Even our enemies cannot deny our assiduity in these exhortations, that men look for the good which they desire from none but God, that they confide in his power, trust in his goodness, depend on his truth, and turn to him with the whole heart, rest on him with full hope, and resort to him in necessity, that is, at every moment, and ascribe to him every good thing enjoyed, and testify to this by expressions of praise. That none may be deterred by difficulty of access, we proclaim that a fountain of all blessings is offered us in Christ, from which we may draw everything needful. Our writings are witnesses, and our sermons also, how frequent and sedulous we are in recommending true repentance, urging men to renounce their reason, their carnal desires, and themselves entirely, that they may be brought into obedience to God alone, and live no longer to themselves but to him. Nor indeed do we overlook external duties and works of charity, which follow on such renewal. This, I say, is the sure and unerring form of divine worship, which we know that he approves, because it is the form which his Word prescribes. These are the only sacrifices of the Christian Church which have attestation from him.
Since, therefore, in our churches, God alone is adored in pure form without superstition, since his goodness, wisdom, power, truth, and other perfections are there preached more fully than anywhere else, since he is invoked with true faith in the name of Christ, his mercies celebrated with both heart and tongue, and men constantly urged to a simple and sincere obedience; since in short nothing is heard but what tends to promote the sanctification of his name, what cause have those who call themselves Christians to take us up so ill? First, since they love darkness rather than light, they cannot tolerate the sharpness with which we, as in duty bound, rebuke the gross idolatry which is apparent everywhere in the world. When God is worshipped in images, when fictitious worship is instituted in his name, when supplication is made to the images of saints, and divine honors paid to dead men’s bones and other similar things, we call them abominations as they are. For this cause, those who hate our doctrine inveigh against us and represent us as heretics who dare to abolish the worship of God as approved of old by the Church. Concerning this name of Church, which they are ever and anon holding up before them as a kind of shield, we will shortly speak. Meanwhile how perverse, when these infamous corruptions are manifest, not only to defend them, but to dissemble and represent them as the genuine worship of God!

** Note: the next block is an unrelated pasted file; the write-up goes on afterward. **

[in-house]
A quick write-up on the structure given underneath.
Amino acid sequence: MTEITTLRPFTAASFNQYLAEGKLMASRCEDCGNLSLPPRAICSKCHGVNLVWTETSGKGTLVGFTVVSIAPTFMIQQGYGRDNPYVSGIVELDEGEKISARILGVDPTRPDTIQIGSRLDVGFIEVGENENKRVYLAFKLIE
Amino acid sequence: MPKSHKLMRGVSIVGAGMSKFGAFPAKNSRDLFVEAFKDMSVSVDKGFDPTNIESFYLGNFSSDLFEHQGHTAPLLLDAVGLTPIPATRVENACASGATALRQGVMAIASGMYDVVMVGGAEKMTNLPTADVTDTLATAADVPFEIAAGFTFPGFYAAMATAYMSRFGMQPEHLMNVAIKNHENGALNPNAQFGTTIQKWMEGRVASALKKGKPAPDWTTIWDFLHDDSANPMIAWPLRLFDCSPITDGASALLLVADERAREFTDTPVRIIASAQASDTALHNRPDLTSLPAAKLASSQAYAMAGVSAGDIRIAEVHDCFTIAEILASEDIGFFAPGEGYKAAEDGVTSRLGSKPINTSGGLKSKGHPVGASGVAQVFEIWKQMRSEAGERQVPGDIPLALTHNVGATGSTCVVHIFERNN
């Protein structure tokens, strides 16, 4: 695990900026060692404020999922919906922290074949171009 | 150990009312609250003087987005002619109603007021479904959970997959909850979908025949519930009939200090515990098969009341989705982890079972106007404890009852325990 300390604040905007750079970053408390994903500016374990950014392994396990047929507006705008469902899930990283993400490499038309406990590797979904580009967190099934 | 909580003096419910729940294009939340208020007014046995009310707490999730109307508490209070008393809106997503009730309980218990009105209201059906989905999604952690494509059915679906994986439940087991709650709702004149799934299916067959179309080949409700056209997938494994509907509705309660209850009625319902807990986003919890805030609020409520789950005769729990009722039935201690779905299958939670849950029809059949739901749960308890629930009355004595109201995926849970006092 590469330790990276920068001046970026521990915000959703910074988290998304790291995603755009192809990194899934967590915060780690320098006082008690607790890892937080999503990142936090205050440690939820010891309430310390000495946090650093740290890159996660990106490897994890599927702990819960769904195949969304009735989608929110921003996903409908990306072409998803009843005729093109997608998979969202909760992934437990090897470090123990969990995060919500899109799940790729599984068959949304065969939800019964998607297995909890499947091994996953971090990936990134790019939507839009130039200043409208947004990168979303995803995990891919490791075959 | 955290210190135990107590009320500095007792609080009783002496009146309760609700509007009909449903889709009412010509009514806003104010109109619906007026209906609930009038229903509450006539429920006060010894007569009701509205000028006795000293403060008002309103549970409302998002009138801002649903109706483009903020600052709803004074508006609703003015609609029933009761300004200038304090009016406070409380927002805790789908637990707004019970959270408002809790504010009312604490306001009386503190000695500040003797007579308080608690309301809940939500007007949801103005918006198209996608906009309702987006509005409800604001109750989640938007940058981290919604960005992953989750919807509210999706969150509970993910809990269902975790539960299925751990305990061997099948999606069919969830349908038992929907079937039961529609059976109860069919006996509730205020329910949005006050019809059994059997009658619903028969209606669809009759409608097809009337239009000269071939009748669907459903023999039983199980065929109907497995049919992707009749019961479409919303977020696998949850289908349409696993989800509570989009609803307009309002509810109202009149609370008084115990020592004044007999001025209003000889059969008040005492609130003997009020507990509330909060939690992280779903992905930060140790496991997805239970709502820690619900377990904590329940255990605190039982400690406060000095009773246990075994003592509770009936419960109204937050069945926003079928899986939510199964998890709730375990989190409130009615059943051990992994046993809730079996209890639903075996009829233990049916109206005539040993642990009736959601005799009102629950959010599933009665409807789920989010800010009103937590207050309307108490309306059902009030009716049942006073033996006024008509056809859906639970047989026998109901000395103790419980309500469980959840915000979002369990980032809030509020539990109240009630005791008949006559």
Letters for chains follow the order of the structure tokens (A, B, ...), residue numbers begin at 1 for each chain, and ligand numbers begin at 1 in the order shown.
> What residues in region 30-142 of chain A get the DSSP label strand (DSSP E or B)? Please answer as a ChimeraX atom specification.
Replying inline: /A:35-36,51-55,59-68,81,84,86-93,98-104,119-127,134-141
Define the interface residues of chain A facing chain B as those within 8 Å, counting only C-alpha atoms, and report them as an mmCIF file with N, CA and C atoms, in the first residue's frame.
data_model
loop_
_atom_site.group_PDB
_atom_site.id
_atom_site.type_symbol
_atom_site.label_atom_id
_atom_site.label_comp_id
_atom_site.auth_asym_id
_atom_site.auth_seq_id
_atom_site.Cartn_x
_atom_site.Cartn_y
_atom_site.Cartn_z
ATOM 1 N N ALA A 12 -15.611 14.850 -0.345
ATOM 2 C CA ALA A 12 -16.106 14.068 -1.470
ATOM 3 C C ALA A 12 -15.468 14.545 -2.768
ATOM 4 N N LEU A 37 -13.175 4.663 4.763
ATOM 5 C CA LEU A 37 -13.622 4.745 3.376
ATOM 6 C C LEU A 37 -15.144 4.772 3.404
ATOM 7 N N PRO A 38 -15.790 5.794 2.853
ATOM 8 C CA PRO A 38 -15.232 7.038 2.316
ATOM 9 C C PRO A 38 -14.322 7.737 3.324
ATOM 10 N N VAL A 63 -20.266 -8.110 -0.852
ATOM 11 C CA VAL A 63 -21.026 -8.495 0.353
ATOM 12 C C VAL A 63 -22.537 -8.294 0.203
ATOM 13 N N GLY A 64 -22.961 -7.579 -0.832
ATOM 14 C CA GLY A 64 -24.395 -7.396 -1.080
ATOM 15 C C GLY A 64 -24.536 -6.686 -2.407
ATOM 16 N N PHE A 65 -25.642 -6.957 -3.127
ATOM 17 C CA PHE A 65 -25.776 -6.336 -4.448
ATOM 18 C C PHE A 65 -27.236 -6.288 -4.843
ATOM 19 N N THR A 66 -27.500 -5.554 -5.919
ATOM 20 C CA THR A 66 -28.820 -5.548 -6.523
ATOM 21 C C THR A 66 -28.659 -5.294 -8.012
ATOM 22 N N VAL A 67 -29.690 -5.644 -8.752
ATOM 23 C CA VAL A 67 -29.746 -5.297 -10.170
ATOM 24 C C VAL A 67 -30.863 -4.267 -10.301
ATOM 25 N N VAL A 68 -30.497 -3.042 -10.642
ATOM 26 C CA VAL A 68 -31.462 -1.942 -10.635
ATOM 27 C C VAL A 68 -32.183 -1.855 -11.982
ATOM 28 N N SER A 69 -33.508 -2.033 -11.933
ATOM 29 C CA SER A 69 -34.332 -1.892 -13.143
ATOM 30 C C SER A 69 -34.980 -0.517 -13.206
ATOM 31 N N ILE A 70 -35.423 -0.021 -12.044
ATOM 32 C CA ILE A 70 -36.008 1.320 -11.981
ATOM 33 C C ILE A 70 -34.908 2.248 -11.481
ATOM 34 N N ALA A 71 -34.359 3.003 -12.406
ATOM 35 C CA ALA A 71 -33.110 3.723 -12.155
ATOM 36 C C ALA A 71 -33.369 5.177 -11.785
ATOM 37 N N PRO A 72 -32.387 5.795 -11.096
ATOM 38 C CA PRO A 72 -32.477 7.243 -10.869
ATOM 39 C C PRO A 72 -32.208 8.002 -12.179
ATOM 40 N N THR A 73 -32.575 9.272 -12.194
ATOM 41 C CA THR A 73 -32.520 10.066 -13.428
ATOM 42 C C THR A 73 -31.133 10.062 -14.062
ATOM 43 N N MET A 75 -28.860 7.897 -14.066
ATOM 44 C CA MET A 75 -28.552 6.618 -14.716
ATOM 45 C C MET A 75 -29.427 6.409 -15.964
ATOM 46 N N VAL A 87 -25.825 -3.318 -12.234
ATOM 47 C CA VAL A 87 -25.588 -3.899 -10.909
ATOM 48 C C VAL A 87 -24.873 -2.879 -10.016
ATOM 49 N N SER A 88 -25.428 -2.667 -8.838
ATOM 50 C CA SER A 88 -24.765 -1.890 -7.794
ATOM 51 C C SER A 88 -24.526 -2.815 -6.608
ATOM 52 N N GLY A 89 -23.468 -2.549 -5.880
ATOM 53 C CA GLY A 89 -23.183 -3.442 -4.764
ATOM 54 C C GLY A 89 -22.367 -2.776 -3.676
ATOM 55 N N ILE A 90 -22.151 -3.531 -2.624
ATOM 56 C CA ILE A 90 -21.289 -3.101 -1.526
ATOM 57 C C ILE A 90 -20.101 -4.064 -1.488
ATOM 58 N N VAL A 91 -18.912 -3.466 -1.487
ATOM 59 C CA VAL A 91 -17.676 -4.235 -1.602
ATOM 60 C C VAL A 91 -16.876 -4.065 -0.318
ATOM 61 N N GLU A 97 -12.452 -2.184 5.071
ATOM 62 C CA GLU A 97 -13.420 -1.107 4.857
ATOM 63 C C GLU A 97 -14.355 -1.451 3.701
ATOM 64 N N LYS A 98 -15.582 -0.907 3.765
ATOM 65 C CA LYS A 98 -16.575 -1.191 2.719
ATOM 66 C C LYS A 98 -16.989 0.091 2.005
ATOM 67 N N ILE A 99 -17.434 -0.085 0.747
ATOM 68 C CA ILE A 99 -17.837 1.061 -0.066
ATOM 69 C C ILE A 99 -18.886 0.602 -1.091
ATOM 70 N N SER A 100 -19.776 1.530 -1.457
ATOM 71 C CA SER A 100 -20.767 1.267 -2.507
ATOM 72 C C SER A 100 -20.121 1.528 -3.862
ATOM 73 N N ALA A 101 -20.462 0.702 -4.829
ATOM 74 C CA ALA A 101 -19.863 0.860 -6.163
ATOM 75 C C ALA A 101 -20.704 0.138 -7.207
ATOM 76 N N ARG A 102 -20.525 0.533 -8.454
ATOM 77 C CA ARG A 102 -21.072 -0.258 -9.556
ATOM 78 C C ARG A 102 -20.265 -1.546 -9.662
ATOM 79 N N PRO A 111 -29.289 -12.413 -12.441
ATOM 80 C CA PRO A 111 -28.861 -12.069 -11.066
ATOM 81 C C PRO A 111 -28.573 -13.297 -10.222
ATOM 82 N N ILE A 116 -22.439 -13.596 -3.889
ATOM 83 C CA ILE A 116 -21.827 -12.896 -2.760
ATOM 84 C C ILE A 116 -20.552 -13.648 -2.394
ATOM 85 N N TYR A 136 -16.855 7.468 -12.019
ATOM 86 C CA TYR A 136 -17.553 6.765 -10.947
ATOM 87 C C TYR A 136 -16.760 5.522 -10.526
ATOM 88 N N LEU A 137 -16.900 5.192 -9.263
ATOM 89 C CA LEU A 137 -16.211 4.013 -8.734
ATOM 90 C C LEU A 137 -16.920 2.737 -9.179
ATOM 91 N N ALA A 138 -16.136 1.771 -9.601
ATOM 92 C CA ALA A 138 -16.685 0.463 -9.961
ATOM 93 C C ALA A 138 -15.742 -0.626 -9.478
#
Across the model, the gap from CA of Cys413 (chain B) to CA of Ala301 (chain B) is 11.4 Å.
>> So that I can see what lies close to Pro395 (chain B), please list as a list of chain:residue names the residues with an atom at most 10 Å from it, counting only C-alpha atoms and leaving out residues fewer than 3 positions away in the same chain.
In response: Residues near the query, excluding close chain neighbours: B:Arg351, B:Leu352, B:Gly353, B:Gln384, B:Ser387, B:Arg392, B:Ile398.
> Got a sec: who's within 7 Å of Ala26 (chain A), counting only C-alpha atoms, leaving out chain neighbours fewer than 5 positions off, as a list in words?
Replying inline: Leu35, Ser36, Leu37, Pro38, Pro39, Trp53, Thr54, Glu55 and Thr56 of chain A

Both sides confess that in the sight of God idolatry is an execrable crime. But when we attack the worship of images, our adversaries immediately take the opposite side and lend support to the crime which they had with us verbally condemned. Indeed, as is more ridiculous, while they agree with us as to the term in Greek, it is no sooner turned into Latin than their opposition begins. For they strenuously defend the veneration of images, though they condemn idolatry. But these ingenious men deny that the honor which they pay to images is worship, as if, when compared with ancient idolatry, it were possible to see any difference. Idolaters pretended that they worshipped the celestial gods, though under corporeal figures which represented them. What else do our adversaries pretend? But is God satisfied with such excuses? Did the prophets on this account cease to rebuke the madness of the Egyptians, when, out of the secret mysteries of their theology, they drew subtle distinctions under which to screen themselves? What too do we suppose the brazen serpent which the Jews worshipped to have been, but something which they honored as a representation of God? “The Gentiles,” says Ambrose (in Ps. 118), “worship wood, because they think it an image of God, whereas the invisible image of God is not in that which is seen, but precisely in that which is not seen.” But what is done today? Do they not prostrate themselves before images, as if God were present in them? Unless they supposed the power and grace of God to be attached to pictures and statues, would they flee to them when they desired to pray?